Dryland training for swimmers

By Steven Handy (Contributor) / Owner, V3 Fitness.

This is the first in what will be a series of articles on dry land training for swimmers of all levels.  In past days, the established thinking was more laps, more sets in the pool.  This is how to improve speed, develop endurance and perfect technique.  As times change, so does the thinking surrounding all types of training.  Today, land based training is integral to success in the water.  There are as many approaches to this as there are strength and conditioning coaches.

That said, most coaches will agree there are two major components to any dry land program.  The first being injury prevention, followed closely by increased strength, power and endurance.  The majority of injuries swimmers incur are repetitive stress.  Swimming takes a toll on the body.  Whether its multiple sprint sets, starts or endurance sets, there is a large amount of stress placed on the swimmer.  From their shoulders, which are in constant motion, to the knees and torque from breaststroke kicks, it’s non-stop.

For younger swimmers, this stress, and how to deal with it, are important concerns.  Over training and repetitive stress injuries are most common.  While young athletes develop, their bodies go through many changes.  Some of these injuries can lead to permanent loss in Range of Motion (ROM), and a weakening of the musculoskeletal structure.  It is imperative that athletes of all ages learn to control their body weight before placing a load during any exercise.  To phrase this another way, don’t use weights of any kind until the exercise can be done correctly without it.  Young swimmers are more susceptible to injury from placing a load too early because of their developing framework.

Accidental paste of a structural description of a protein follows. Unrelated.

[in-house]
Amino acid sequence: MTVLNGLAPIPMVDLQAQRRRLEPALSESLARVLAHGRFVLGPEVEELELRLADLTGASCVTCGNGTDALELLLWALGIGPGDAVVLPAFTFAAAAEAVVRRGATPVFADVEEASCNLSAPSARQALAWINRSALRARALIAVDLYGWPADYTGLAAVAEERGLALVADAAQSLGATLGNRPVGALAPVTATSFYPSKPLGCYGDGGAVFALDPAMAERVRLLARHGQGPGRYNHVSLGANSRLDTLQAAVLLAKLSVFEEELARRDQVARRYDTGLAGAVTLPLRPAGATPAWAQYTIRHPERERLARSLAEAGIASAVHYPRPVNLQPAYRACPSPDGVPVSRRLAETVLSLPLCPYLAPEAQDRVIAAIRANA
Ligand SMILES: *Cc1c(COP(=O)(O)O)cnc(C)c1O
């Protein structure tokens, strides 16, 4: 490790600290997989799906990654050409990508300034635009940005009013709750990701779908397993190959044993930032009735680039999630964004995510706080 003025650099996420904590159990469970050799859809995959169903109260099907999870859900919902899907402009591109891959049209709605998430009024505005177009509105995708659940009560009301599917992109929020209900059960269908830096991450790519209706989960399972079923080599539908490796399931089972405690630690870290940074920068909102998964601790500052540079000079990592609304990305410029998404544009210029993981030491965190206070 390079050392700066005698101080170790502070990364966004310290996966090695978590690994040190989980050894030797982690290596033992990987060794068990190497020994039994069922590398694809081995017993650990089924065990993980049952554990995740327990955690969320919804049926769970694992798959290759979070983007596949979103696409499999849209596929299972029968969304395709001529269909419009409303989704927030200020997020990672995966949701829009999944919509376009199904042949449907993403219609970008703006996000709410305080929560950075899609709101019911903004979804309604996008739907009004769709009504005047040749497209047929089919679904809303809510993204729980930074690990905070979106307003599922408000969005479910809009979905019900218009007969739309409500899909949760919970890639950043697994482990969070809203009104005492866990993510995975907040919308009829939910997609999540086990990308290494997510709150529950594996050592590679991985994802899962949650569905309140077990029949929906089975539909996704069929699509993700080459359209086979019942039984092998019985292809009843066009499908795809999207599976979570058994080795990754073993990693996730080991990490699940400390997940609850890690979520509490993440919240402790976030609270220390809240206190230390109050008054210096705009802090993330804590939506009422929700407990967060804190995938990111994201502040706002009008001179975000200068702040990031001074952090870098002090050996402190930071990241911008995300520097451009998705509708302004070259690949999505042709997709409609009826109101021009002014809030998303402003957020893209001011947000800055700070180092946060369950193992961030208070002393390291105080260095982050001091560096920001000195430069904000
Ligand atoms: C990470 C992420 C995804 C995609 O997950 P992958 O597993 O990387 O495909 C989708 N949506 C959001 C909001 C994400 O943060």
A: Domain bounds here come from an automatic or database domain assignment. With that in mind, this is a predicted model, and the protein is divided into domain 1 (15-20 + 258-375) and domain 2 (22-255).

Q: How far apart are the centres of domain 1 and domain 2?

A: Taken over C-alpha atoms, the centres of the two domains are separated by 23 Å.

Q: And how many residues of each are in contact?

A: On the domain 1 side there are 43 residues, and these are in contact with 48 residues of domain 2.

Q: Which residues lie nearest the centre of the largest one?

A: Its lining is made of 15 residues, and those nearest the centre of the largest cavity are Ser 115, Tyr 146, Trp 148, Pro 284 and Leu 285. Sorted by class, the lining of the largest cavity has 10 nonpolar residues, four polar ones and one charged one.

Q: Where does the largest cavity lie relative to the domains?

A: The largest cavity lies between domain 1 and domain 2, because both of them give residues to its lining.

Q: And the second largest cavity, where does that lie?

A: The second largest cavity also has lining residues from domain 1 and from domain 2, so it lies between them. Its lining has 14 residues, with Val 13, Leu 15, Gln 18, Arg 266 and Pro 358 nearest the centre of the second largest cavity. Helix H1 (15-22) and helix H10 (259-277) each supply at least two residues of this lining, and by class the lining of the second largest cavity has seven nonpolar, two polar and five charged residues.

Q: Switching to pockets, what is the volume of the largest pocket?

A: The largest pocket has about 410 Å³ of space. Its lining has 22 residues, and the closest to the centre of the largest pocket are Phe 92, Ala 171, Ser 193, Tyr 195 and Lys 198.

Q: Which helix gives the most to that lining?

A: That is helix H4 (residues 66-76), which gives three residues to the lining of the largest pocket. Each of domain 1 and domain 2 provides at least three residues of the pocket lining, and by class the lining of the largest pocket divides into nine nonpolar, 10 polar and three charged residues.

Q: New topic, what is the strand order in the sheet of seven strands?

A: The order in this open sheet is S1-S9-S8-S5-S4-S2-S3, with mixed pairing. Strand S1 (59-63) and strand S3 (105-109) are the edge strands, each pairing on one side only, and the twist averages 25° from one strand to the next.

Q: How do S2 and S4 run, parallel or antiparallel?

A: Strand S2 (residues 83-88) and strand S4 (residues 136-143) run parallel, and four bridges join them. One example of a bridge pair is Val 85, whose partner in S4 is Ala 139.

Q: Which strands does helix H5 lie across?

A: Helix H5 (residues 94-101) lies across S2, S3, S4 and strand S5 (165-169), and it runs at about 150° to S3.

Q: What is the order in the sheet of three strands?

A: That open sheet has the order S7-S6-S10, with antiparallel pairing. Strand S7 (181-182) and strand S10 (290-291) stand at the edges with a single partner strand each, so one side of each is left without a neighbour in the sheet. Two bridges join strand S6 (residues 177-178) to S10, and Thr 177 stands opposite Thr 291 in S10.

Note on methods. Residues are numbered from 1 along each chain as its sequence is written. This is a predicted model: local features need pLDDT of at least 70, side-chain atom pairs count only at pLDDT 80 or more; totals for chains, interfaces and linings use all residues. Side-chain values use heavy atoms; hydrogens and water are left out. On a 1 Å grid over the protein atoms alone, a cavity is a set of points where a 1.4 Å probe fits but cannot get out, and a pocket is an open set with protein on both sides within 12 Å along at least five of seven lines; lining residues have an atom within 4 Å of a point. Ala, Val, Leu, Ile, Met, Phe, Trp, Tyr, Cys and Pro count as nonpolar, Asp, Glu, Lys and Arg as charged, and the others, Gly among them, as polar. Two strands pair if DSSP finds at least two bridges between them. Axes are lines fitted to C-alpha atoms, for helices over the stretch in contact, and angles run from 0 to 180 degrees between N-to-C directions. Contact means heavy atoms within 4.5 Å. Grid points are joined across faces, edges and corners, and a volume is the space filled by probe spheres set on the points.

When thinking of training, think integrated.  Training swimmers usually consists of “core” work, push-ups, legs and the occasional TRX suspension trainer.  Obviously, this is dependent upon the level of competition at which your swimmer participates. There is a place for body part training.  You must, however, teach those muscles how to work together and fire at the proper time, in the proper order (sequencing).  If not, all the hard work will have limited value. I will address programming in a later article.

by Steven Handy, Guest Editor

Owner, V3 Fitness

Sfhandy@comcast.net

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